problem with differential amplifier

Discussion in 'General Electronics Chat' started by johnjerome1992, Jul 21, 2013.

  1. johnjerome1992

    Thread Starter New Member

    Jul 21, 2013
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    hi

    i am doing a project where i have to sense dc current to the load and protect the load from over current using a mosfet and also ac current to the load and protect the load from over current using a triac

    i am using a series resistor of 0.01 ohm for current sensing. i have to amplify the voltage drop across this resistor.
    the problem is the load voltage is at around 12v to 15v fluctuating from a battery and the op amp i am using is lm358 with supply +5v and ground.

    now when i use the attached circuit across the r sense my output was saturating so i am using a voltage divider and a voltage follower at both ends of the r sense so that the input voltage to diff amplifier is less than 5v but still i am not getting the output as expected i am getting a constant voltage around 200mv to 1v.

    pls help me to find the mistake i might be doing
     
  2. Engr

    Member

    Mar 17, 2010
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    johnjerome1992 i assume Rsense will be accross V1 and V2, is it correct? If that is the case I suggest using a PGA so that you have a better control of the gain and your circuit will be very simple.
     
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  3. WBahn

    Moderator

    Mar 31, 2012
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    Does your circuit share any common connection with the circuit being sensed? If so, then you probably (I should probably just say "might") have an input common-mode problem.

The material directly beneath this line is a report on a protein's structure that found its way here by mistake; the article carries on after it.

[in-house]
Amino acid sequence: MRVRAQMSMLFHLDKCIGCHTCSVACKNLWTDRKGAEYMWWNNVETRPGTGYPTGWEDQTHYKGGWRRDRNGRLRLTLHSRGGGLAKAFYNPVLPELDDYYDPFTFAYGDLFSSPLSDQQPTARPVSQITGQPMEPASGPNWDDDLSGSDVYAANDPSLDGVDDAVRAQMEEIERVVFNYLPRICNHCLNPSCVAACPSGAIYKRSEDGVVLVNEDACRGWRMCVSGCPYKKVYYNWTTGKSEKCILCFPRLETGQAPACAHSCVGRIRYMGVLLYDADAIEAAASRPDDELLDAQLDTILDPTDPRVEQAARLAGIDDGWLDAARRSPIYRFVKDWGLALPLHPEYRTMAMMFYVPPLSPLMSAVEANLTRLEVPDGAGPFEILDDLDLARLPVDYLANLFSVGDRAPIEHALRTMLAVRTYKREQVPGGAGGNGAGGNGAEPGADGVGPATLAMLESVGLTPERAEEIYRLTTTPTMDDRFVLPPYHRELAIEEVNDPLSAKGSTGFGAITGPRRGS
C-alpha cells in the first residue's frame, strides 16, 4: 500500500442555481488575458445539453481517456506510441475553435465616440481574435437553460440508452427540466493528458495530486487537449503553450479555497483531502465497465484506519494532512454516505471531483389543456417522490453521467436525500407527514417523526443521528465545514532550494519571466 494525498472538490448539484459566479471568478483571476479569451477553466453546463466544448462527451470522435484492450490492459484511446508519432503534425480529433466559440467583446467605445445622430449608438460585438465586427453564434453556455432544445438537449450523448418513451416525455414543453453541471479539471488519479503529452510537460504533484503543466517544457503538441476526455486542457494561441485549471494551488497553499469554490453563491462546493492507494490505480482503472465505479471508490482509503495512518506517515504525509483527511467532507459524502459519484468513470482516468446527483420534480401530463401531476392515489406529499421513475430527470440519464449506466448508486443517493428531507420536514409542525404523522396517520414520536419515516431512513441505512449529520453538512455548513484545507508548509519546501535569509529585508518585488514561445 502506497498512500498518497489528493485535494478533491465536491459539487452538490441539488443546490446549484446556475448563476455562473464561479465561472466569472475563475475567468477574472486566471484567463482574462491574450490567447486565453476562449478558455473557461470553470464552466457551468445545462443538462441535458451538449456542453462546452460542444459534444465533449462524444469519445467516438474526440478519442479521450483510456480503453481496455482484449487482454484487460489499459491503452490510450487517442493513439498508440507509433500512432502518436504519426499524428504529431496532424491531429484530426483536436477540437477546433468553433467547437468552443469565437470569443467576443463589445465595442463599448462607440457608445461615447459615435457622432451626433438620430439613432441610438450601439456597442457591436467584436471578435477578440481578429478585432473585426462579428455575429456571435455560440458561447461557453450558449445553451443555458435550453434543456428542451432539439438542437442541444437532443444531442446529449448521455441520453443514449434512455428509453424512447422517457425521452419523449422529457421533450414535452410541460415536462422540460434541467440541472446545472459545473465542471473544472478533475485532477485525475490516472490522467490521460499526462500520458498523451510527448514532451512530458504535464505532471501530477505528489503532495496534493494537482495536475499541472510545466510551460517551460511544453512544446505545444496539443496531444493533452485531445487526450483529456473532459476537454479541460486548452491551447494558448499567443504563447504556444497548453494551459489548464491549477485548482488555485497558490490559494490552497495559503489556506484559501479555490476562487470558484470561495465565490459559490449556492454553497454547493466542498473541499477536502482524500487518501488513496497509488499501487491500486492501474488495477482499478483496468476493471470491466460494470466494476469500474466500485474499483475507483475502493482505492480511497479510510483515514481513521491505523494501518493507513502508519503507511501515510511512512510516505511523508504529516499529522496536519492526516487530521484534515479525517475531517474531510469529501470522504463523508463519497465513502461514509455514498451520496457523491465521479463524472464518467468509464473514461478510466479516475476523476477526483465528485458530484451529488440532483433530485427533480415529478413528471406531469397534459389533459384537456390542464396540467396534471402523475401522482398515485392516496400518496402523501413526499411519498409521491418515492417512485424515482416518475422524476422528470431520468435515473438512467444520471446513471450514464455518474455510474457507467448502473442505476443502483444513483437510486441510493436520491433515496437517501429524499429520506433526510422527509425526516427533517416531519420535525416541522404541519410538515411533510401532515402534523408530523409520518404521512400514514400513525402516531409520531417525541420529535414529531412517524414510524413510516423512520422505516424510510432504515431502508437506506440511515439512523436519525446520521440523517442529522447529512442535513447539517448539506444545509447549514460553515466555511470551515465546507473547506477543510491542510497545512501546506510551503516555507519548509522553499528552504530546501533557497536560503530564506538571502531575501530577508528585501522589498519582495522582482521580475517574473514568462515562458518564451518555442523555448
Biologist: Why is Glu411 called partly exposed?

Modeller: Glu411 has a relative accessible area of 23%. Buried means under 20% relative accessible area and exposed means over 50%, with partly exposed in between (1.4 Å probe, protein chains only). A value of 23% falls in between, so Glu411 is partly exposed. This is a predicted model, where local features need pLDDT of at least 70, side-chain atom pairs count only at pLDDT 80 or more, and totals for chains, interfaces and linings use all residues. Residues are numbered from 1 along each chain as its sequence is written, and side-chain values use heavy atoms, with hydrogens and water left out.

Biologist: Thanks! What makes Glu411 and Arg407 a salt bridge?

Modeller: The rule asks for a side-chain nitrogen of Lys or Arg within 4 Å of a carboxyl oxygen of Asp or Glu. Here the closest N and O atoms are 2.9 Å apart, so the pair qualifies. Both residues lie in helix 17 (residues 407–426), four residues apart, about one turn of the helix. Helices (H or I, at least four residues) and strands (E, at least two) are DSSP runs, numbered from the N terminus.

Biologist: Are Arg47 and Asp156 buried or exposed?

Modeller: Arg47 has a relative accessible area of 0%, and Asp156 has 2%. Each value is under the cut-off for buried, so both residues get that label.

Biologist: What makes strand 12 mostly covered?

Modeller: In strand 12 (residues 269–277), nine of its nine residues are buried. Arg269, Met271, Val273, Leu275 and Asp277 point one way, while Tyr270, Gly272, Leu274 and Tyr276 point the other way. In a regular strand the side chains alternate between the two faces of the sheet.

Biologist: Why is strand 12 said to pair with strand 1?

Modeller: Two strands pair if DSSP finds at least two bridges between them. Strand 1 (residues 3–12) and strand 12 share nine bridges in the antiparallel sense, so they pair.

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  4. crutschow

    Expert

    Mar 14, 2008
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    A differential amp circuit such as you show, requires a low offset voltage op amp and tight tolerance on the resistor values to keep the common-mode offset voltage low. The best way is to use a differential amplifier, such as one of these, which have the resistors internally trimmed for low offset, or use a high-side current sense amplifier
     
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  5. WBahn

    Moderator

    Mar 31, 2012
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    I meant to ask what the typical range of currents is that you are trying to measure.
     
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  6. johnjerome1992

    Thread Starter New Member

    Jul 21, 2013
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    thank you all
    to make myself clear i have attached the circuit diagram.